Namibia: MPs Blame Blacks, Rogue Natis Officials for Road Accidents

11 April 2019

Windhoek — Dishonest Namibian Traffic Information System (Natis) officials who dubiously sell licenses to unqualified drivers and black drivers in general are contributing immensely to road accidents in Namibia, Swapo MPs charged in the National Assembly yesterday.

Natis is the driver and vehicle licensing agency of the Roads Authority (RA).

Minister of Gender Equality and Child Welfare Doreen Sioka blamed corrupt Natis officials who issue licenses to unqualified drivers, in exchange for money, as one of the key contributors to rampant accidents in the country.

Sioka, contributing to a debate in Parliament yesterday on what causes road accidents in the country, said: "The problem lies with Natis officials who sell licences to those that don't qualify. There is someone out there (at Natis) making money out of this, and Natis should get its house in order."

Between January and December 2018, a total of 3385 road accidents were recorded, killing 492 people and injuring 5431, according to police.

Contributing to the debate, Deputy Minister of Public Enterprises Veikko Nekundi said "people of my colour", in reference to black people, contribute a lot to accidents because of the wayward behavior on public roads.

"The problem is with people of my [skin] colour. We have developed bad habits. When you go to events, including the recent Independence Day celebrations, you should have seen how they parked their cars on pavements," he said.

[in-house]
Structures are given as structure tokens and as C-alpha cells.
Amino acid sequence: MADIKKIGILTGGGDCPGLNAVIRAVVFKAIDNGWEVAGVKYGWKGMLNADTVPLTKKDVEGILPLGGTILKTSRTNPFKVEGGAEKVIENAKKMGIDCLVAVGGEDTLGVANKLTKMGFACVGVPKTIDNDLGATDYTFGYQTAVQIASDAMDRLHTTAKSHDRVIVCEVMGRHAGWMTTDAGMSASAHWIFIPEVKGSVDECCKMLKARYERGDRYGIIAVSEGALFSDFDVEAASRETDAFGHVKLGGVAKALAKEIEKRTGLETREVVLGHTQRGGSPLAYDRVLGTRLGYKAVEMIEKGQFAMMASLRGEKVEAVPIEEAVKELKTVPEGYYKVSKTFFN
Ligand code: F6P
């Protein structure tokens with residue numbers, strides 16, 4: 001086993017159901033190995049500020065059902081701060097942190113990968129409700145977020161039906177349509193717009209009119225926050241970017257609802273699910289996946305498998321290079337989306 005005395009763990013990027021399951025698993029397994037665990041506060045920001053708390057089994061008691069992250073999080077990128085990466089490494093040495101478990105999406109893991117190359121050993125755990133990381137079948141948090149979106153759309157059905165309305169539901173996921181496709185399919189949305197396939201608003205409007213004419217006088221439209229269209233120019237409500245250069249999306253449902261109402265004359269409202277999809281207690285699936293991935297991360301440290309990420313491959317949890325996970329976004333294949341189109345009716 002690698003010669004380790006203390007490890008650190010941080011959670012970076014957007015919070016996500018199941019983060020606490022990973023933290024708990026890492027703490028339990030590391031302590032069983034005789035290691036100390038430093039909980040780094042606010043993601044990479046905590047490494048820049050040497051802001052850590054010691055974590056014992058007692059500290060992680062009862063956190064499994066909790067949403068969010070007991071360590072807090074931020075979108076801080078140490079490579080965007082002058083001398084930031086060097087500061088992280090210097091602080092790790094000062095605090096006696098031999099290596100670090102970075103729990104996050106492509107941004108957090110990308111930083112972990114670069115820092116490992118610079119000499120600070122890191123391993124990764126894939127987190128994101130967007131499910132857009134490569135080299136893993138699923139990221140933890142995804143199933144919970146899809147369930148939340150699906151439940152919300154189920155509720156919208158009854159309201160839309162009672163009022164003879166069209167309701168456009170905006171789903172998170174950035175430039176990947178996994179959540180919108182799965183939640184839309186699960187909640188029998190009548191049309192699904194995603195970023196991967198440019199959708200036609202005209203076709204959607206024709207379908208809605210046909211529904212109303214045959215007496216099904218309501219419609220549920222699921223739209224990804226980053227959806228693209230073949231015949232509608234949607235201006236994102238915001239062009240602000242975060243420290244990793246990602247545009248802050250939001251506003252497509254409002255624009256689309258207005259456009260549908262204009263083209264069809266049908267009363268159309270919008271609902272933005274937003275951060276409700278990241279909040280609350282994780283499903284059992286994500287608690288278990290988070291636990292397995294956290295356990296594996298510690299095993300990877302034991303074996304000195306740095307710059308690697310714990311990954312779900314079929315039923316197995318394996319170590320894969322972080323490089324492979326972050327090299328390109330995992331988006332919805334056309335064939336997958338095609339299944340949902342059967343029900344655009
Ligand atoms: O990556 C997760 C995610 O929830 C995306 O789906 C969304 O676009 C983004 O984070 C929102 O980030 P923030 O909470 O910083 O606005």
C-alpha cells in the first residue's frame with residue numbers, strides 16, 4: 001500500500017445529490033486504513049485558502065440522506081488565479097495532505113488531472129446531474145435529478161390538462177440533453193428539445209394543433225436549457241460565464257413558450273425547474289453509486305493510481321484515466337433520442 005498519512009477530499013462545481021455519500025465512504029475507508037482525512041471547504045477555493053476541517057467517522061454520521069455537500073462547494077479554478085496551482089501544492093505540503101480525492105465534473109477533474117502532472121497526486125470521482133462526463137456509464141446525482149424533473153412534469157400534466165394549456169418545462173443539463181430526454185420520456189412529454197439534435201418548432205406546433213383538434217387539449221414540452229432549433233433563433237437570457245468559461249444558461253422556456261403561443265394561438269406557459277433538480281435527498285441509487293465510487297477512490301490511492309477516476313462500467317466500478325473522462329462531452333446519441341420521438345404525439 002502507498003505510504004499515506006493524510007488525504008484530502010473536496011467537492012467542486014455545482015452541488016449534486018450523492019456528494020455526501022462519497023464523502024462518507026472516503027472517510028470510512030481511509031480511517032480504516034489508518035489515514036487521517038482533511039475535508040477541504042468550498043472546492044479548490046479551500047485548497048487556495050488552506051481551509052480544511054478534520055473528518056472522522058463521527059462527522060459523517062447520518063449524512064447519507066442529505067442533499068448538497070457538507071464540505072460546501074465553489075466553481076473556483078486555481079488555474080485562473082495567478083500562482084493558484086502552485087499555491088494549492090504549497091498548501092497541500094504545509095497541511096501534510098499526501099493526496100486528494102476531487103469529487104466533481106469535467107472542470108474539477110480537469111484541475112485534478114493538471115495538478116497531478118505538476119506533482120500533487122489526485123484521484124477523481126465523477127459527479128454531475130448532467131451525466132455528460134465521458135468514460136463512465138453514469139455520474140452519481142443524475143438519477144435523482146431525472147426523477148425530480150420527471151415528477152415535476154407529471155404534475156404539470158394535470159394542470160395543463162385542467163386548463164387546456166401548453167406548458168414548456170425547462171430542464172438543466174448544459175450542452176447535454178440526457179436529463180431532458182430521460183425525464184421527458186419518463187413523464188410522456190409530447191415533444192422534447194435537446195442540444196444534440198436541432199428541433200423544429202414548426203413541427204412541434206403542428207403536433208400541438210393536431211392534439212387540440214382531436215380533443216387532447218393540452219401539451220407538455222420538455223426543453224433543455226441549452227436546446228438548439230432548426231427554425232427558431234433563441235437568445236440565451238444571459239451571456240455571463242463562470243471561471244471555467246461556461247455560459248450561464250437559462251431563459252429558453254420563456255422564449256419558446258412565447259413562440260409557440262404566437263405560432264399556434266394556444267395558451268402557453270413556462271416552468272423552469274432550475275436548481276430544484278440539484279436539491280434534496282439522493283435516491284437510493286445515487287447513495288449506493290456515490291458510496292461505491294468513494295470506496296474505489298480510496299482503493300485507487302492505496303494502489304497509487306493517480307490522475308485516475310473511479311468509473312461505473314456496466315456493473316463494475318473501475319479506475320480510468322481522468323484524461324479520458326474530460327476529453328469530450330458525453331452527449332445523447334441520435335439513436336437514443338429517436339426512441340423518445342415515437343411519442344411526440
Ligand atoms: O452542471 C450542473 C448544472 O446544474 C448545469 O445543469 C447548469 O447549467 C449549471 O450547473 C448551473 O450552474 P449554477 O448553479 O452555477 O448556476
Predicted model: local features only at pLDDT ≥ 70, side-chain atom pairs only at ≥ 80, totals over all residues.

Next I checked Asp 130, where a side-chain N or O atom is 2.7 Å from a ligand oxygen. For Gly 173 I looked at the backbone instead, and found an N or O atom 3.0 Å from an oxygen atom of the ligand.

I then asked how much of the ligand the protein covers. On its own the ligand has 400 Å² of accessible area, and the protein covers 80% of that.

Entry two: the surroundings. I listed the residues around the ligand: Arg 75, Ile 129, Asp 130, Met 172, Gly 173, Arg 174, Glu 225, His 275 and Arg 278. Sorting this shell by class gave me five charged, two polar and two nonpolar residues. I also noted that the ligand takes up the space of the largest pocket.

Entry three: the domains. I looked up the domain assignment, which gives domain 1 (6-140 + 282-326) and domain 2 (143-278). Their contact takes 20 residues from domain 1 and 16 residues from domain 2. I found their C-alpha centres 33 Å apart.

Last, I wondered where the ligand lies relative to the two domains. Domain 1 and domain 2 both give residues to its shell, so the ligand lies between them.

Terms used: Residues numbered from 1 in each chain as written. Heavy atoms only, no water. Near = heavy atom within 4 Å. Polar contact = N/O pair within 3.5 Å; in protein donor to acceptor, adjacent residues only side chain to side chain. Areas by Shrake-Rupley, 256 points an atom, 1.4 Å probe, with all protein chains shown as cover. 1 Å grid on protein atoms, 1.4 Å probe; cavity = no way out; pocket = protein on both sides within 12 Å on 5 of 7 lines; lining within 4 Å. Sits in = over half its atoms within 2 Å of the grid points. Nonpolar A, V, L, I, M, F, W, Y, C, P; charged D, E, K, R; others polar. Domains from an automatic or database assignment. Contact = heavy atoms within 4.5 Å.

He said something needs to be done about certain individuals' driving habits.

"This is serious, this need serious attention from authorities responsible," he said.

Also, contributing to the debate, Minister of Safety and Security Charles Namoloh shot down views that suggest speeding was a cause of accidents in the country.

"The problem lies with the attitude of drivers, when you go to Germany, there is a freeway where drivers are allowed to drive whatever speed they want, so speeding cannot always be the cause," he said.

"If you have observed, these mini bus drivers start as conductors. This is how they learn how to drive. With limited experience, they take over from their superiors and this is a cause for concern," said Rainhold Nauyoma from APP.

The debate was postponed to the next sitting.

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